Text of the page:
Moving Lights Buyers Guide

Moving lights are a load of fun!
Whether you’re a band, church, DJ or in the theatre world, the dream for most people is to own or have access to moving lights.
How awesome would it be to have the ability to move a light wherever you need, change colors and project patterns, all automatically?

The Hidden Costs of Moving Head Lights

You can use the moving head light to provide a textured or colored backdrop, for cool aerial effects with haze, to move around and chase during fast songs, or to light the audience in blue for a intimate song.
 
There are so many great options, but keep in mind that you can’t just go out and buy moving lights without carefully contemplating your needs and the needs/features of the lights.
 
You see, a typical conventional lighting console is not going to be the best at controlling moving lights, and you may find yourself frustrated with the results the the effort required just to program some simple scenes.
 
However, a basic software light console may be just what you need- each type of console has its advantages and disadvantages, but a console designed to program moving lights will be much easier and more versatile in the long run.
 
You also need to figure in the cost of data cabling and to the fixtures, and powering the fixtures off of non-dimmed power, possibly 208v if it is a bigger moving light (though this is less common with the popularity of the LED).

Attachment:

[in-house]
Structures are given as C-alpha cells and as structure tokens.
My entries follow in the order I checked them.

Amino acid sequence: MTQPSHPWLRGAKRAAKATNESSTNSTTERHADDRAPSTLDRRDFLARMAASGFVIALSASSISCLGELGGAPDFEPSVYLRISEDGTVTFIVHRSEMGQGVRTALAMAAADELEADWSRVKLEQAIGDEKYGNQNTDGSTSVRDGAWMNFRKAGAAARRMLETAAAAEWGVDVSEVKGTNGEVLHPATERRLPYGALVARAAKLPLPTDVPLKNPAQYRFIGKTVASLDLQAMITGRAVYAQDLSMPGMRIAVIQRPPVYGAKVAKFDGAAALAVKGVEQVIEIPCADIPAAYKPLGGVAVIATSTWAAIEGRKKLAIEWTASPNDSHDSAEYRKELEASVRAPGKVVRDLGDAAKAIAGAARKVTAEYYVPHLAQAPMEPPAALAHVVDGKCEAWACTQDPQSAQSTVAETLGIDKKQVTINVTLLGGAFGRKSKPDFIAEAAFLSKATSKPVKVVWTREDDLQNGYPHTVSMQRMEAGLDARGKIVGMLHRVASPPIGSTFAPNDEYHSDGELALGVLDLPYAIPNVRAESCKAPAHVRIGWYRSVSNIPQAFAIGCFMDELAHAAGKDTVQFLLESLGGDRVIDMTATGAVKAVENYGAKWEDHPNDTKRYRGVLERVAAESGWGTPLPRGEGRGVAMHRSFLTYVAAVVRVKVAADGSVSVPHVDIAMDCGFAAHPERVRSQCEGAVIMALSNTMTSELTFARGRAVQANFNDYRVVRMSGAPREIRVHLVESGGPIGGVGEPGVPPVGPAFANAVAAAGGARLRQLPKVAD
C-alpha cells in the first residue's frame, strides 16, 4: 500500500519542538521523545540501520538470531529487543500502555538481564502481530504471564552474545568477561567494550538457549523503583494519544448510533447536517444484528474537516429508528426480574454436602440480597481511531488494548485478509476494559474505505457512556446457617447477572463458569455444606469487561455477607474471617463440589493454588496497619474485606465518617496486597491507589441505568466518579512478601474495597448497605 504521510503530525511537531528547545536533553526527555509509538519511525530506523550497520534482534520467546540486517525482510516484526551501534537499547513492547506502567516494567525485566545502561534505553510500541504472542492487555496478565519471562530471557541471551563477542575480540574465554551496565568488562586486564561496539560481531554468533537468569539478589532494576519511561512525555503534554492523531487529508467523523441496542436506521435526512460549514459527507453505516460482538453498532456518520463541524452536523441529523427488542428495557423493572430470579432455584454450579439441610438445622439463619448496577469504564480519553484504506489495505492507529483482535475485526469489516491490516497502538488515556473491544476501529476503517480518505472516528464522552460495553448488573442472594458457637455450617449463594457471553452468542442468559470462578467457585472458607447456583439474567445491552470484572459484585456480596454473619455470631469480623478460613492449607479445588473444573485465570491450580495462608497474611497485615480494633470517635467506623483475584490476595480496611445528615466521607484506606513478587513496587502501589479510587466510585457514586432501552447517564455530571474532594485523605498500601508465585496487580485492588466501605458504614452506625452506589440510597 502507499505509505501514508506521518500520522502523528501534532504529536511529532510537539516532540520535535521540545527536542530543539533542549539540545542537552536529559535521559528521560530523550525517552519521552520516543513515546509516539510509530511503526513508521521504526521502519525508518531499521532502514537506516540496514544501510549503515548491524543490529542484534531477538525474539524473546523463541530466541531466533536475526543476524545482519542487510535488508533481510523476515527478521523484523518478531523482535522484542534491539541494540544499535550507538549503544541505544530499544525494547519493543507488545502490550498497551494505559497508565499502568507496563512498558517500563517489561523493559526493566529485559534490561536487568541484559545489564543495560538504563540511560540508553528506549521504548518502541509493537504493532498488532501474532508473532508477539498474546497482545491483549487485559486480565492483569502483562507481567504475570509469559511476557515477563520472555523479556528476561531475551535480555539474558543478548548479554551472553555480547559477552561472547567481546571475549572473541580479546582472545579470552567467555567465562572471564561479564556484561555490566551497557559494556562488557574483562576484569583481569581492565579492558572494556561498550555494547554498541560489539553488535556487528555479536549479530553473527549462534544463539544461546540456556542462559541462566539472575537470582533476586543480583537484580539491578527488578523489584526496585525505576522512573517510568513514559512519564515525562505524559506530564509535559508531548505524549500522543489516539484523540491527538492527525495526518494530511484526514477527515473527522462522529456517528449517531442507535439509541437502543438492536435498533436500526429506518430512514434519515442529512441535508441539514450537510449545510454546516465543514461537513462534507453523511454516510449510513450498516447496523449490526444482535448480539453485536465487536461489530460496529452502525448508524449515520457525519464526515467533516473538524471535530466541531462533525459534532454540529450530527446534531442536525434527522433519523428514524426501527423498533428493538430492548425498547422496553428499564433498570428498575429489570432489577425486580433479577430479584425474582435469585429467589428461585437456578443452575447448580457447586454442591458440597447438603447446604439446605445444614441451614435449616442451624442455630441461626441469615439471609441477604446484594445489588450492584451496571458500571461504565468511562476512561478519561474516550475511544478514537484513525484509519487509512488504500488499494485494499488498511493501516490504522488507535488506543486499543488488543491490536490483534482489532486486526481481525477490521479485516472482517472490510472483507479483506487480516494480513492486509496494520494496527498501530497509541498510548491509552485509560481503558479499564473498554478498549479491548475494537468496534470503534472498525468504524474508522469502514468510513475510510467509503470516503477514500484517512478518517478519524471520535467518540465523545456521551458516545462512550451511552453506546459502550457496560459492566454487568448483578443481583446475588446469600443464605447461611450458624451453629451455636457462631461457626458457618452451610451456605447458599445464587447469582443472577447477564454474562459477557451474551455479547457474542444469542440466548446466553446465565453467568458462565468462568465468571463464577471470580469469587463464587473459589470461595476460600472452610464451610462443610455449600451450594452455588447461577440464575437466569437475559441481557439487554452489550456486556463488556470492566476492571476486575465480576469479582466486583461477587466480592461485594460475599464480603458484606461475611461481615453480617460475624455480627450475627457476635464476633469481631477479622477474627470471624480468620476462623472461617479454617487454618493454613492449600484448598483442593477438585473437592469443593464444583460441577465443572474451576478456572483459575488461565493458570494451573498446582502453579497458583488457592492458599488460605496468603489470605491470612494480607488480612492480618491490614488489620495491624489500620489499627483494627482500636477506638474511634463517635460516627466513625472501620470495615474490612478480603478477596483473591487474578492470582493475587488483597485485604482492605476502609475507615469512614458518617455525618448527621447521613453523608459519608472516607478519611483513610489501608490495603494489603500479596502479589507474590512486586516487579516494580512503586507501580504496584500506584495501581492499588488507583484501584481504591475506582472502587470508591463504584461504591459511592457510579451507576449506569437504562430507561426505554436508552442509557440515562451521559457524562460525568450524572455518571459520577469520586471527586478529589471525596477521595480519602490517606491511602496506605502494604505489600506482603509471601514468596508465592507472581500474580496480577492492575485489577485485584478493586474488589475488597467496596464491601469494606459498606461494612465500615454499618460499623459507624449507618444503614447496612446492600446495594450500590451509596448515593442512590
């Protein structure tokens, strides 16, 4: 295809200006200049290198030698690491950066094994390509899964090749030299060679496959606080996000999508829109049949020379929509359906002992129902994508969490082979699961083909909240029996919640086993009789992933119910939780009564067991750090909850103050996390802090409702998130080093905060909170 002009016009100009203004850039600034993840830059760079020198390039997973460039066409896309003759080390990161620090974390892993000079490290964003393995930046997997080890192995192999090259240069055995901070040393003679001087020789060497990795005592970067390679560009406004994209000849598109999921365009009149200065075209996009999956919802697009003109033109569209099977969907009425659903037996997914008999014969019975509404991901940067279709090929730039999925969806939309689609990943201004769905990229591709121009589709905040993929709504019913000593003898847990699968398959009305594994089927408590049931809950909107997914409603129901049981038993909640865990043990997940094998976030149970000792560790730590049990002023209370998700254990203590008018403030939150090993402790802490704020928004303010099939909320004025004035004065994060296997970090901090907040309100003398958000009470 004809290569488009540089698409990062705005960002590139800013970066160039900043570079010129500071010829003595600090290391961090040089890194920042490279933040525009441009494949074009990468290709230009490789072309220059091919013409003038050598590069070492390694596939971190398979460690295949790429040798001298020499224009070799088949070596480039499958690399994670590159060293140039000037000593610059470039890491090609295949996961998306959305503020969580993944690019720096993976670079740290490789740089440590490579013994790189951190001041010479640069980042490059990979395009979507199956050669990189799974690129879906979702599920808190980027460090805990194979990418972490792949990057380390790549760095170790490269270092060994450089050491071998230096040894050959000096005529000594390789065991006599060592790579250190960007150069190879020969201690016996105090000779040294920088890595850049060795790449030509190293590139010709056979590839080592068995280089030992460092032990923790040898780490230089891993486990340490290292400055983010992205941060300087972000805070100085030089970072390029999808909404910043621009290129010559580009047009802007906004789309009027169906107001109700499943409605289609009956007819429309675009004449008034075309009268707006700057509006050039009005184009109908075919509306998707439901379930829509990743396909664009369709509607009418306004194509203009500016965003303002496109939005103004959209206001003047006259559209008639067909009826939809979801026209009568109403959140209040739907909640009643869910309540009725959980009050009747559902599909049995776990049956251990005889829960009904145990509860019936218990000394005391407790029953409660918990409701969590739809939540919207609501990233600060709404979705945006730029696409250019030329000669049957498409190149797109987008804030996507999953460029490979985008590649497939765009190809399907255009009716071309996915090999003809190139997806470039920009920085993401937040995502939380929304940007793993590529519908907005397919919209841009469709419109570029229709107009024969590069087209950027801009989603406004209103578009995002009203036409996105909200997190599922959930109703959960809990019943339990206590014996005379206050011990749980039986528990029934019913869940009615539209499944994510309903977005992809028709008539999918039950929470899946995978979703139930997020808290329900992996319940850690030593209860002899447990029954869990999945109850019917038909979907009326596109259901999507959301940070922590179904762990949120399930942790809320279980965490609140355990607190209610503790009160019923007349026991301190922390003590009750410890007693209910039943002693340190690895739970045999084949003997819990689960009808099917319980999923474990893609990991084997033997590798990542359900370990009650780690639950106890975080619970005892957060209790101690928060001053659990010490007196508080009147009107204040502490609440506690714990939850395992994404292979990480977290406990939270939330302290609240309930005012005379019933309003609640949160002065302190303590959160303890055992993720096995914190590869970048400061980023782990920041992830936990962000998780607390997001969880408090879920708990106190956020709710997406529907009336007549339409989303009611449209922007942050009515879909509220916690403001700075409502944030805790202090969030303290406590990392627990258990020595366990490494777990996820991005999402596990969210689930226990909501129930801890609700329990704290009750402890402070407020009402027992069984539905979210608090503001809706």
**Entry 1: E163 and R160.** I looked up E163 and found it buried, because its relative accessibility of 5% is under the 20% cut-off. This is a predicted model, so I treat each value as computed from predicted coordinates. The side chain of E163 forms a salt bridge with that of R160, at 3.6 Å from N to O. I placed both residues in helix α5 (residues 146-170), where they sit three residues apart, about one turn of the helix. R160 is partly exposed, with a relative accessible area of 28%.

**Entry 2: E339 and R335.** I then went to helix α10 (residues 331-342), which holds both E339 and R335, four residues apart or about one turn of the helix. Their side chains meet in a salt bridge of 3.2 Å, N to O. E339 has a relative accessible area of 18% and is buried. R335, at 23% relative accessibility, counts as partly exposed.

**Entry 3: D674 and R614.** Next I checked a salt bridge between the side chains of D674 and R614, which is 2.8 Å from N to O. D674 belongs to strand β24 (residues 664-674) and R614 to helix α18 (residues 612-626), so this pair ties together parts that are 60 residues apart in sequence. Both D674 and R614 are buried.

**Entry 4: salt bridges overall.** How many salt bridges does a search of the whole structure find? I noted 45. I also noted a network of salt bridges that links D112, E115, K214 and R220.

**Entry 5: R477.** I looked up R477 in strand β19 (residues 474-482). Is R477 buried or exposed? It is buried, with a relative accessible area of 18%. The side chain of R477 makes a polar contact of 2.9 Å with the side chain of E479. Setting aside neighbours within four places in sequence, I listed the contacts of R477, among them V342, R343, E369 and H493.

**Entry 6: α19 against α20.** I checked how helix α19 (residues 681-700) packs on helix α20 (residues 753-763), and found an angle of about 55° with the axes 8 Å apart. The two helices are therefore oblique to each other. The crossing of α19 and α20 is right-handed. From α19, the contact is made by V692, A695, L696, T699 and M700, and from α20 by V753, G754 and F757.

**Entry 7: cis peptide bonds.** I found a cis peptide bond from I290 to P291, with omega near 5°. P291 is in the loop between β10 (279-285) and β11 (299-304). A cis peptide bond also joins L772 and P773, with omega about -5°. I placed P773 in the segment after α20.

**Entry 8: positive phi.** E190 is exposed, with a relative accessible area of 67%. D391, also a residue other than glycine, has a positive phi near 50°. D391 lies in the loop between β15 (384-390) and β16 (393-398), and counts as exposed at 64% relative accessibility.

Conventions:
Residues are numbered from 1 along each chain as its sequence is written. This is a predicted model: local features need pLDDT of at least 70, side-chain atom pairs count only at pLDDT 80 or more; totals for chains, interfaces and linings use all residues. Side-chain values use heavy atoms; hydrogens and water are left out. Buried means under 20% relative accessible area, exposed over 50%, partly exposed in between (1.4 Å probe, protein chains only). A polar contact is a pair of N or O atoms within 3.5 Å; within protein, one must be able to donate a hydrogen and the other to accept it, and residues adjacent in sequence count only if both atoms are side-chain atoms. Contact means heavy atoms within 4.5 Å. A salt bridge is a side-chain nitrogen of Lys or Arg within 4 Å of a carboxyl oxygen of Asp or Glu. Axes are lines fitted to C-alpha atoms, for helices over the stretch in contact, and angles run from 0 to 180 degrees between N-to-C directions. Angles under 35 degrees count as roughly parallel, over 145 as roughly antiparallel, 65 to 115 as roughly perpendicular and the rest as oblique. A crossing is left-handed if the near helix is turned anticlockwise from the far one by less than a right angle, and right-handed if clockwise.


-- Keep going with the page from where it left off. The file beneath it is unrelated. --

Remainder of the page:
The other option you have is to rent moving lights, if you’re only going to use them for theatrical productions once or twice a year, or for special events.
 
More expensive moving lights that you can rent inexpensively for a short term will give you really nice results and have features that cheaper fixtures don’t have.
 
In addition, you don’t have to worry about fixing the lights when they do break, which will happen.  Anything with moving parts will break eventually, lighting included!
 
The lamps inside non-LED moving lights also require replacing periodically, and typically cost over $100 each, depending on the fixture.  The lamp on a moving light is always on once you start the light up for the day, even if the light has its shutters closed.

Cheap vs. Expensive Moving Lights

The biggest question that I get from people when it comes to moving lights is this – “Why would I buy an expensive moving light, when the cheap moving lights have the same features?”
 
If you’ve shopped around, you’ve probably noticed that you can purchase moving lights that cost anywhere from under $100 to over $30,000.  And while the $100 light and the $30,000 light don’t have much in common, you can find pro-grade lights that cost $5000 that seem to have the same feature set as a $2000 DJ-grade light.

If you’ve a bar band or DJ, you should probably buy the moving lights that are aimed at our distributor.
 
If you’re a professional production company, and you’re going to use the fixtures often and setup/tear them down a lot, you’ll benefit from the easier repair-ability of pro-grade fixtures.

Moving Lights Buyers Guide